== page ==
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I've been learning the (electric) guitar for 2 months now, and I am able to play open chords, a couple of barre and power chords. And I'm able play a couple of simple songs.

I'm curious to try guitar effects like chorus and distortion. I'm confused about whether I really need this now, or should I wait and practise more until I can easily play and switch between power chords faster? I really want to try it out.

I like punk/rock/experimental music that's why I'm really curious about using effects early in my guitar learning journey.

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Effects can inspire you with new creative ideas, or just help you sound like your musical inspirations, go for it. I would urge you to consider a multi-effects unit like a Digitech RP series, or Line6 PodHD series. They can provide you with many options to try before you figure out exactly what you want. Many units can be had pretty cheap used, and as a bonus, most will act as a usb interface, and let you record your playing (for better or worse) to computer. –  cadmium Apr 29 '13 at 21:39
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A distortion pedal in the hands of an untutored guitarist is an effective tool for annoying your parents. This is a goal of many young men who pick up the guitar. –  Wheat Williams May 1 '13 at 14:52

3 Answers 3

up vote 13 down vote accepted

There's no reason not to try an effect if you want to. Sure, some kind of effect might mask some bad habits (reverb and delay might sort off mess your timing), but distortion for example is almost like playing another instrument, and if you're into punk/rock, the sooner you try it the better. You will have to figure out ways to mute the strings and reduce string noises, which is part of the technique.

I don't see any justification to detter yourself from playing with distortion if that's what your looking for in guitar playing. Sounds much like that "you should begin with folk/acoustic guitar first" crap.

Do what you like, have fun.

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I agree with play with effects if you want to, they're a lot of fun. I do think playing with distortion and practicing with it on is a good idea. I don't think it's a good idea to practice with distortion all the time. It will mask a lot of mistakes and imperfections in your technique. If you can play something in a clean tone perfectly, it will sound that much better when you add effects. –  Tony May 3 '13 at 20:09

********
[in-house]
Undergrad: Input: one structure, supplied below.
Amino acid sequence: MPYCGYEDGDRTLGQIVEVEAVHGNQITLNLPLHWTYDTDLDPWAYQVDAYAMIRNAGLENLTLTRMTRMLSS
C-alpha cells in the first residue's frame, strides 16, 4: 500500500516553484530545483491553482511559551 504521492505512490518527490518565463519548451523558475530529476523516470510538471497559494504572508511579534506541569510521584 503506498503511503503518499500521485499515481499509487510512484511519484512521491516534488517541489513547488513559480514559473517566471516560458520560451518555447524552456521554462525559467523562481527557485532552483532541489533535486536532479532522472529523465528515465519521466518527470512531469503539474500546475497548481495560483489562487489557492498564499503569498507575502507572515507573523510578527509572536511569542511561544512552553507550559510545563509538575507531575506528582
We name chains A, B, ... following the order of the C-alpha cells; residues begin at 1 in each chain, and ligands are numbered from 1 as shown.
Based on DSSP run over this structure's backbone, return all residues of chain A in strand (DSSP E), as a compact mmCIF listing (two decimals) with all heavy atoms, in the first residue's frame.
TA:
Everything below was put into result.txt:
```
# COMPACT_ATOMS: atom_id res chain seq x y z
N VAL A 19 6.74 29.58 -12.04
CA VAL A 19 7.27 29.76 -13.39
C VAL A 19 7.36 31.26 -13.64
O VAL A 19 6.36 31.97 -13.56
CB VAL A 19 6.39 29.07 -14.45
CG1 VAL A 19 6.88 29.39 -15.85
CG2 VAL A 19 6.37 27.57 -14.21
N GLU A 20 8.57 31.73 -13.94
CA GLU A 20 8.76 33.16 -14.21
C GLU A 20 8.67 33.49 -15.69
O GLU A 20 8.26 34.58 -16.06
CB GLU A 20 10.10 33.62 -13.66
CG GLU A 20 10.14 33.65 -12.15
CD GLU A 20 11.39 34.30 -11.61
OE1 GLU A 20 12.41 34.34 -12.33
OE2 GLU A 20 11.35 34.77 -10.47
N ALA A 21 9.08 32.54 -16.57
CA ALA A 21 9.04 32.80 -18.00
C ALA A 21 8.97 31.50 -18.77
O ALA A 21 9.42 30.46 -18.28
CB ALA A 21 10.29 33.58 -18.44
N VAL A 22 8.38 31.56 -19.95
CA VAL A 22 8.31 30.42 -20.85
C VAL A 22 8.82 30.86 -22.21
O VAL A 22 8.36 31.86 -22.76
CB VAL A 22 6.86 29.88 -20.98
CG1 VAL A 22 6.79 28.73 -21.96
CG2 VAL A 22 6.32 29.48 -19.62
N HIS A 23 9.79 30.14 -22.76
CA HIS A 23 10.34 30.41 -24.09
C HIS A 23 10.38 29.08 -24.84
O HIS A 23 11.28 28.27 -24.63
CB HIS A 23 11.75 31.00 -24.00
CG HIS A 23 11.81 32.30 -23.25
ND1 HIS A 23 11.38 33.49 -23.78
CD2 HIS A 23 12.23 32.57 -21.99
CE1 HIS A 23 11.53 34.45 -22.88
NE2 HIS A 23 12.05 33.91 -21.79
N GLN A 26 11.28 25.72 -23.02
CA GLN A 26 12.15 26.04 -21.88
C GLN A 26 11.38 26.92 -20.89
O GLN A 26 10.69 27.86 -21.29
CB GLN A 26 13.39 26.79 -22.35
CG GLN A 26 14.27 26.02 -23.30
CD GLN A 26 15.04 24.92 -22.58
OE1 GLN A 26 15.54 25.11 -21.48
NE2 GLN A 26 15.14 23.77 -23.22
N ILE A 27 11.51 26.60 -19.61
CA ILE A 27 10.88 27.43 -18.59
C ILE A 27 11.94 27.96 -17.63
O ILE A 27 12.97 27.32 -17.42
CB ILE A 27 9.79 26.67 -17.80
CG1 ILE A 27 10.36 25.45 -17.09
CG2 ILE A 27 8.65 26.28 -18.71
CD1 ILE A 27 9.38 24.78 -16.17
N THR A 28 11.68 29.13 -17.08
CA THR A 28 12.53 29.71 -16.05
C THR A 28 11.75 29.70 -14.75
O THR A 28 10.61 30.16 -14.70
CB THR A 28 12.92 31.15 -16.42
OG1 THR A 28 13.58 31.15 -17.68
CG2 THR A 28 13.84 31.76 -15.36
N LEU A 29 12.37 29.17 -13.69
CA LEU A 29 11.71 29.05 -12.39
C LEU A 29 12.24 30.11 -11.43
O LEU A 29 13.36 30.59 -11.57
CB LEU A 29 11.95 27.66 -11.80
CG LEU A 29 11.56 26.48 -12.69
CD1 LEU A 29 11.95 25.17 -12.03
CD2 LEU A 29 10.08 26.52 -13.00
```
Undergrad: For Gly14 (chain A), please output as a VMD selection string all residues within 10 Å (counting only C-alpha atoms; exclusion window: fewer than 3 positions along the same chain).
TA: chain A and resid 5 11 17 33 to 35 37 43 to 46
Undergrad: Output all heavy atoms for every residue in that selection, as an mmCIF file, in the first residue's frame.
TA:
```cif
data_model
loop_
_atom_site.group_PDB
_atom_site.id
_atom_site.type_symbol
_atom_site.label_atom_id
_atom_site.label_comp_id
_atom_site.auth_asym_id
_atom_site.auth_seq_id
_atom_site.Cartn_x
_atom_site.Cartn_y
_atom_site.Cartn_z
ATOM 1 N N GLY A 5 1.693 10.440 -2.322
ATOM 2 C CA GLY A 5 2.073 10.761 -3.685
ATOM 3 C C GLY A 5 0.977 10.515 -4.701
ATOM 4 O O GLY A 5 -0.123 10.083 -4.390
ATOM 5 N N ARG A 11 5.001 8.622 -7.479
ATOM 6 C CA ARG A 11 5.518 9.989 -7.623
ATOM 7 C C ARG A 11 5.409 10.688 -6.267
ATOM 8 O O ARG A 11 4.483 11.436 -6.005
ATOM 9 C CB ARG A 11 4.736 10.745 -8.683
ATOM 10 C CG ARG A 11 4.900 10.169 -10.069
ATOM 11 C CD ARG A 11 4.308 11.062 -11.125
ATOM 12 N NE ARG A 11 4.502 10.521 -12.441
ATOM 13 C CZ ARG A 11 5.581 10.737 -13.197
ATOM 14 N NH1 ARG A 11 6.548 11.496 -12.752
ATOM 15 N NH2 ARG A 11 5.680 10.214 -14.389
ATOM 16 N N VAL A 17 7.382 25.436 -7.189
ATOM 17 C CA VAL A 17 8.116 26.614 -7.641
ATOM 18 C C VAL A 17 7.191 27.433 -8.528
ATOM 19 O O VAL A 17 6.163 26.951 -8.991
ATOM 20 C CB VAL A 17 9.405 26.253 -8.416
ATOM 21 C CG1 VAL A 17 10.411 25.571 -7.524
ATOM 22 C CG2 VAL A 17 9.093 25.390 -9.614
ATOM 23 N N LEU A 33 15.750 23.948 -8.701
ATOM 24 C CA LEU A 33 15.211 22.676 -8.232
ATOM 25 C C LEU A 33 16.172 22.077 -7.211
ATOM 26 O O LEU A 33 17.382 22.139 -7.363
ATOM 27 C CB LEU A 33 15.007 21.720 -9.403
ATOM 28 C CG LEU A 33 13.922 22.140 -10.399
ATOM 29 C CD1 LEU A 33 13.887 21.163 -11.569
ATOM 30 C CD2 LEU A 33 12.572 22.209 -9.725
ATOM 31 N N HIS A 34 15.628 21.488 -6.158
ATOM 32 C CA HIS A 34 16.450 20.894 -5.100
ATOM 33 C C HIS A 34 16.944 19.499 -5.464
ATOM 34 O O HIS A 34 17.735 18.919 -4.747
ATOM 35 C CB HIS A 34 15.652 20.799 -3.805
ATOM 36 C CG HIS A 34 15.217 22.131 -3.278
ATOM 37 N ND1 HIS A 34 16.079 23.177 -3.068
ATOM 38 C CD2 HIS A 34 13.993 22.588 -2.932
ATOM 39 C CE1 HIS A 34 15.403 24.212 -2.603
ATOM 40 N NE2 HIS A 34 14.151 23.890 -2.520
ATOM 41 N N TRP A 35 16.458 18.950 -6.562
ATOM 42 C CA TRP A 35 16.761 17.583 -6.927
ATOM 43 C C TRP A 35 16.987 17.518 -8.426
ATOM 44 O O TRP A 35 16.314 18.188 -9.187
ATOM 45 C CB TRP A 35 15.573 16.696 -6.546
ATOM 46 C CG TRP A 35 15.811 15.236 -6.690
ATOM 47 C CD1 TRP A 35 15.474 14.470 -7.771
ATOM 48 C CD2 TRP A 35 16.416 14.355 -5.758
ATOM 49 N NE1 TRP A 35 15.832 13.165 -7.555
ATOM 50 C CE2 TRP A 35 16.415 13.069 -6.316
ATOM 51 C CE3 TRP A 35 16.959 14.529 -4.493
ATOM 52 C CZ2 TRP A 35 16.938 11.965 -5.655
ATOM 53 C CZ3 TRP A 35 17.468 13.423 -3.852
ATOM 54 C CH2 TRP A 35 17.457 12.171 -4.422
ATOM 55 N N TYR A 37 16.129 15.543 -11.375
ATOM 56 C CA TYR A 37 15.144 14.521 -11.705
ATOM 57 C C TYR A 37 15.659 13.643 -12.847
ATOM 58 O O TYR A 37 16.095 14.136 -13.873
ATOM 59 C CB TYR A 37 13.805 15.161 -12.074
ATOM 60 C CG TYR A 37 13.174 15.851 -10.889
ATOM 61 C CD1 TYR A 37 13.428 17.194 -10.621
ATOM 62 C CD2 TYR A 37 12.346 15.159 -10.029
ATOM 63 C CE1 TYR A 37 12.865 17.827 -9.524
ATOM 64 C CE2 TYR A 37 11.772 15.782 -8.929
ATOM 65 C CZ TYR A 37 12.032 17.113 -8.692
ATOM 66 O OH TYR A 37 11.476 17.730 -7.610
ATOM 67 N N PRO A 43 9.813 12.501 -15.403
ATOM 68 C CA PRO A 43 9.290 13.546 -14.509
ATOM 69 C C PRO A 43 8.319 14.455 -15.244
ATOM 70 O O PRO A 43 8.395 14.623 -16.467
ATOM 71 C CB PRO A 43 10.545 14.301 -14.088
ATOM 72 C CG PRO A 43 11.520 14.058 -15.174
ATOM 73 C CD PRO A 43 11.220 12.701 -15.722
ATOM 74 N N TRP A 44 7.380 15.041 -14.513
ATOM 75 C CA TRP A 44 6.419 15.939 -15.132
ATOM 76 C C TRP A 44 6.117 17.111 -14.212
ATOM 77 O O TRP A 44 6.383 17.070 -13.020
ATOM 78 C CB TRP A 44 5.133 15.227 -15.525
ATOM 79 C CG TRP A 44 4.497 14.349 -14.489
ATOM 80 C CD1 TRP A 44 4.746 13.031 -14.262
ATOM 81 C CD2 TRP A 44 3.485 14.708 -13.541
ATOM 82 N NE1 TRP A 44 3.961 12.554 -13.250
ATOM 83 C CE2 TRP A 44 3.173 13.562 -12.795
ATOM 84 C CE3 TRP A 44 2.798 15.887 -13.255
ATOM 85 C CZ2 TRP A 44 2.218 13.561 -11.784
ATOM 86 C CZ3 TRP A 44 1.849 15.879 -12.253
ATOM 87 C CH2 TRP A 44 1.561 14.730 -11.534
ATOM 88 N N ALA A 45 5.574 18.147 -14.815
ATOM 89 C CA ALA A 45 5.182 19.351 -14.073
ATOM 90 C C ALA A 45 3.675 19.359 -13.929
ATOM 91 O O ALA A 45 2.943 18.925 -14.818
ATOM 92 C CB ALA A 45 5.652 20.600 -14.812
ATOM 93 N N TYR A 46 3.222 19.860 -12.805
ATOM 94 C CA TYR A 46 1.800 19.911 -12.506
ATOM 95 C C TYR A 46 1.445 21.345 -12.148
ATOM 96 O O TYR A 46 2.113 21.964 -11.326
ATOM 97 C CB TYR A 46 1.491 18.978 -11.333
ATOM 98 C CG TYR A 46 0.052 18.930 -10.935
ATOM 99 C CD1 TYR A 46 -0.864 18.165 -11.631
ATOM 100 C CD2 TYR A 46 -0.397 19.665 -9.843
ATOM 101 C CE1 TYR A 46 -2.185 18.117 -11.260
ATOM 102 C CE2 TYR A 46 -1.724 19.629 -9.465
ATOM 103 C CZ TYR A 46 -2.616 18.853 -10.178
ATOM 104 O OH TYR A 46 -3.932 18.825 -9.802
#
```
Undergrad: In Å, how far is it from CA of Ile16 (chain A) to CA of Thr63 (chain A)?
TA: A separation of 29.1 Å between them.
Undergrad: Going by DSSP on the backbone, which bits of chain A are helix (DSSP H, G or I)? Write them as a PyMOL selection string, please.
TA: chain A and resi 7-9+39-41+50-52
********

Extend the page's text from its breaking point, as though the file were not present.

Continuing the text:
I do not agree. It is a lot more difficult to sound clean with distortion because every little mistakes does make a lot more unwanted sound. As I said, for me distortion is a different instrument, and if it's the way you want to play, the sooner you get at it, the better. –  Chipsgoumerde May 3 '13 at 20:52
    
@Chipsgoumerde It depends on the distortion. An ultra high gain pedal will certainly make every mistake stick out, but a more fuzzy distortion like a Muff will cover up a multitude of mistakes. See also: The Melvins –  Dan Gayle Dec 25 '13 at 0:26

I bought my 10 year old son a digitech RP355 multi effects pedal to use. It's cheap and simple to edit patches for different sounds and you can download patches to get the sound used in some popular songs but the thing I like best about it is the amplifier emulation. After using it for a while my son found he liked the sound of Vox amps so we bought a AC4 and it sounds great. I liked the fender deluxe and bassman amps so I had a deluxe amp circuit built by a local amp guy. Later on you will find that you want to move on to real pedals as they sound better so a multieffects pedal is a good way to sample a lot of different effects in one package. Most multi effect pedals have a sampling function so you can record a short song segment and then the unit will replay it while you solo along. Some also have the ability to record from an outside source and then play it back at slower speed so you can learn tricky licks. Lastly, most units have drum tracks which is a great way to play along and stay on time.

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I would avoid a multi-fx pedal as a n00b, but a good distortion can go a long way toward making playing more fun. I'd lean toward a Big Muff, since they're relatively cheap, they all basically sound the same, and they're essential for your punk/rock/experimental inclinations.

If you really want to get into the experimental side, get yourself a decent delay like a Boss DD3 or TC Electronic Flashback delay.

If you purchase any of the above, you could basically be set for life because no one makes anything better and they're mainstays on pedalboards everywhere.

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I would say though that you should continue to learn on acoustic guitar. If you can rock on an acoustic, it will sound 10x better when you play with an electric. –  Dan Gayle Dec 25 '13 at 0:32
    
Ok, whoever downvoted me needs to explain their reasoning, since I clearly laid out my reasoning. The person said they're interested in punk/rock/experimental, and there's no possible way you can tell me that a multi-fx pedal is better than a Big Muff and/or a DD3 delay. I will laugh in your face and point if you suggest such a thing. You could get both pedals for the price of any multi effect pedal, they hold their value, and they sound great. If you don't like a Muff, whatever, swap it out for a Rat. –  Dan Gayle Aug 1 at 17:39

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